How to Make a Day of the Dead Altar a Day Before the Day of the Dead


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How to Make a Day of the Dead Altar a Day Before the Day of the Dead

The basic elements for your fast-tracked Day of the Dead altar. Follow these basic steps.

It's October 31, and not long ago, when that date was just Halloween, there would be little to look forward to the next day except for a candy binge.

In recent years, though, October 31 might as well be called the Eve of Día de los Muertos. And this means that suddenly, you remember you should probably honor your "muertos" for Day of the Dead with a do-it-yourself at-home altar. But how?

In Mexico and in many multiethnic and Mexican communities in the United States, Día de los Muertos is seen as a time to celebrate and honor your departed loved ones. People have merged some of its practices with Halloween and that's even happening in Mexico today, because the two days are so close together.


But at the end of the day, the Days of the Dead, November 1 and 2, will always be a time of reflection on life and death. It's a little more serious than say, dressing up as a jack-o-lantern or a sexy nurse. At the heart of Día de los Muertos is the altar to recall your loved ones. The altar is supposed to conjure your departed, not in a spooky sense, but with an air of honor, respect, and affection. Without an altar, there's really no holiday to speak of.

Hey, not all of us live in a quaint Mexican village high in the mountains of Oaxaca — but we all have at least one Mexican market or bodega to mine when in crises such as these. That's why it's important to make sure you have all the basic elements in line for your fast-tracked Day of the Dead altar, which you can make happen by following these basic steps.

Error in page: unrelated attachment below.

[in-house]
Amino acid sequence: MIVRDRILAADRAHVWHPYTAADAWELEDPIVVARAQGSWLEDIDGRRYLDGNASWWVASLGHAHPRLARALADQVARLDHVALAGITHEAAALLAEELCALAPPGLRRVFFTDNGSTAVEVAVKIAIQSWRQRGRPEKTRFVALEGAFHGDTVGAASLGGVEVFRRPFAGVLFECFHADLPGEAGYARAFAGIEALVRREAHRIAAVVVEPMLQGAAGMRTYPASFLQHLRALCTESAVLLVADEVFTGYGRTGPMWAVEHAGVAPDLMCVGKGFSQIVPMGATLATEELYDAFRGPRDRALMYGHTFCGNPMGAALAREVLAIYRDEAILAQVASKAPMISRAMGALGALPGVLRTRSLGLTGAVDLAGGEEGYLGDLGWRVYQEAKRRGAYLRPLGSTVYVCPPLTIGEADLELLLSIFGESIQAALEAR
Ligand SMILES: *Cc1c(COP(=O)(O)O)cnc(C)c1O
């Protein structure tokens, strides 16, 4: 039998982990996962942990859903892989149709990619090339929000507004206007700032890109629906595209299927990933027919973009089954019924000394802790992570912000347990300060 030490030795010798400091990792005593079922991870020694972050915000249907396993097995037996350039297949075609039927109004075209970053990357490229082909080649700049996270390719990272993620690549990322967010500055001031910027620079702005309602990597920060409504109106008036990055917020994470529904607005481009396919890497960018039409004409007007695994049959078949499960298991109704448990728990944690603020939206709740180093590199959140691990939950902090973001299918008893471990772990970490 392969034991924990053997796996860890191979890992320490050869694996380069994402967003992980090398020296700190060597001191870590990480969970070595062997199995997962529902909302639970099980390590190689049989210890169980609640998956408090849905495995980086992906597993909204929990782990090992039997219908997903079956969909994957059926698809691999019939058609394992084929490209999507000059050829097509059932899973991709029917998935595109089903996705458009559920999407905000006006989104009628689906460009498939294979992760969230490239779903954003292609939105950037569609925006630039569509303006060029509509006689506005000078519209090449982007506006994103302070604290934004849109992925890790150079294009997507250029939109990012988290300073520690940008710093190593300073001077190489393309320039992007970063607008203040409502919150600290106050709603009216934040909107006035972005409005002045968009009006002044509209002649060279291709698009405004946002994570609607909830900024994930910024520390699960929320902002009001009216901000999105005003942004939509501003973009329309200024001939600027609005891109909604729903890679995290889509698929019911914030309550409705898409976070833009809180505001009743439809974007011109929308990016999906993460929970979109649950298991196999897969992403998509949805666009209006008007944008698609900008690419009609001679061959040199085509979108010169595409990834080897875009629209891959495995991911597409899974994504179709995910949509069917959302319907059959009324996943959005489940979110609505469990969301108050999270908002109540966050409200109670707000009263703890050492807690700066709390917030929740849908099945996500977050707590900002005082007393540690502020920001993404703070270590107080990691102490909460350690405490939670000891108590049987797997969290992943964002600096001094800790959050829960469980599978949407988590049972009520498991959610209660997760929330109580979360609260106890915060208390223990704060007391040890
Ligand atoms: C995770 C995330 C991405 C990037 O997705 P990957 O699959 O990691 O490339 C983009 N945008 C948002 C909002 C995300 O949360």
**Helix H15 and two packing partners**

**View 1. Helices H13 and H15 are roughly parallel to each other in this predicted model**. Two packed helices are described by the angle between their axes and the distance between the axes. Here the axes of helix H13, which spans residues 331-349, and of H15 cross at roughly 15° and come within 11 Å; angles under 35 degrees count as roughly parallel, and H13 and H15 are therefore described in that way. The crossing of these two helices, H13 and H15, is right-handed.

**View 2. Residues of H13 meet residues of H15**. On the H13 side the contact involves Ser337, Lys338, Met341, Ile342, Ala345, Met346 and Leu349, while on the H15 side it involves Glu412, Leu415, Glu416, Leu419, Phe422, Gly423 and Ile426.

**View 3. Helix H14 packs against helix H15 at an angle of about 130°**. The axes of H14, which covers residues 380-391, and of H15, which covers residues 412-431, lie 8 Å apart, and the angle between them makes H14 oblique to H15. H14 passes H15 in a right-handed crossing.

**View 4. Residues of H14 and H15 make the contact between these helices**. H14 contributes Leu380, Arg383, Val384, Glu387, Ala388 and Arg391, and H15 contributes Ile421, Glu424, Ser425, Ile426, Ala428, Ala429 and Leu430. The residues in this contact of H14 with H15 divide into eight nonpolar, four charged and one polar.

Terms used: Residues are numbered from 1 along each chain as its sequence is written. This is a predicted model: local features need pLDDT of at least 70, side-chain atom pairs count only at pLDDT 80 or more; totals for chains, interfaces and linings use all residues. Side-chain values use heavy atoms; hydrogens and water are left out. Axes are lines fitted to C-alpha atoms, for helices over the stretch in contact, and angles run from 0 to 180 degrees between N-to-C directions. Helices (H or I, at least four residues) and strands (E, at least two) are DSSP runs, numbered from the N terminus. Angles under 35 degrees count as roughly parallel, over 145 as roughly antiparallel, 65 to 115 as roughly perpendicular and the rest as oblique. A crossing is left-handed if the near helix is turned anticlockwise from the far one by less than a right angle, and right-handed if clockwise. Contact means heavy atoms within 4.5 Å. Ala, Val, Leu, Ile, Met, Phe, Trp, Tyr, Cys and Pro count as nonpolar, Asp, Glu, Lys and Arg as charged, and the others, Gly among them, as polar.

Place your altar in a central location in your home, such as an entryway, your living room, or main hallway. Avoid a closet or a private bedroom. The dead love to see and be seen. Your altar should have at least one or two levels. We chose an old crate and a slab of wood for our impromptu altar this year.

Pan de Muerto: This is “Bread of the Dead.” And thankfully, even gas stations sell it these days. Pan de Muerto is a very old-school pan dulce recipe made especially for Day of the Dead. The bread has a fluffy, eggy flavor, and is coated in sugar on the outside. Dig out your nicest plate, get your 99-cent Pan de Muerto, and place the bread at a central spot on your altar.

Photos of Loved Ones: These, of course, are also essential. It’s best when the photos are frayed, old, and yellowing. But in the modern era, no departed soul would get mad at you if you snag a Facebook photo and print it on colored bond paper.

Sugar Skulls: Decorate liberally. (The chocolate ones are nice because you can eat them right off the altar when the dead aren’t looking.)

Fruit: Seasonal fruits are excellent offerings for an altar. In Mexico City, we use a lot of mandarins, guavas, and sometimes apples or pears. Another helpful energy source for the departed is bowls or piles of cacahuates — peanuts.

Cigarette: Humans shouldn’t smoke, but the dead engage in no risk at all when inhaling a bit of tobacco for a few choice hours, crossing midnight between November 1 and November 2. Set a single cigarette and light it just when you think your departed are closest to their altar.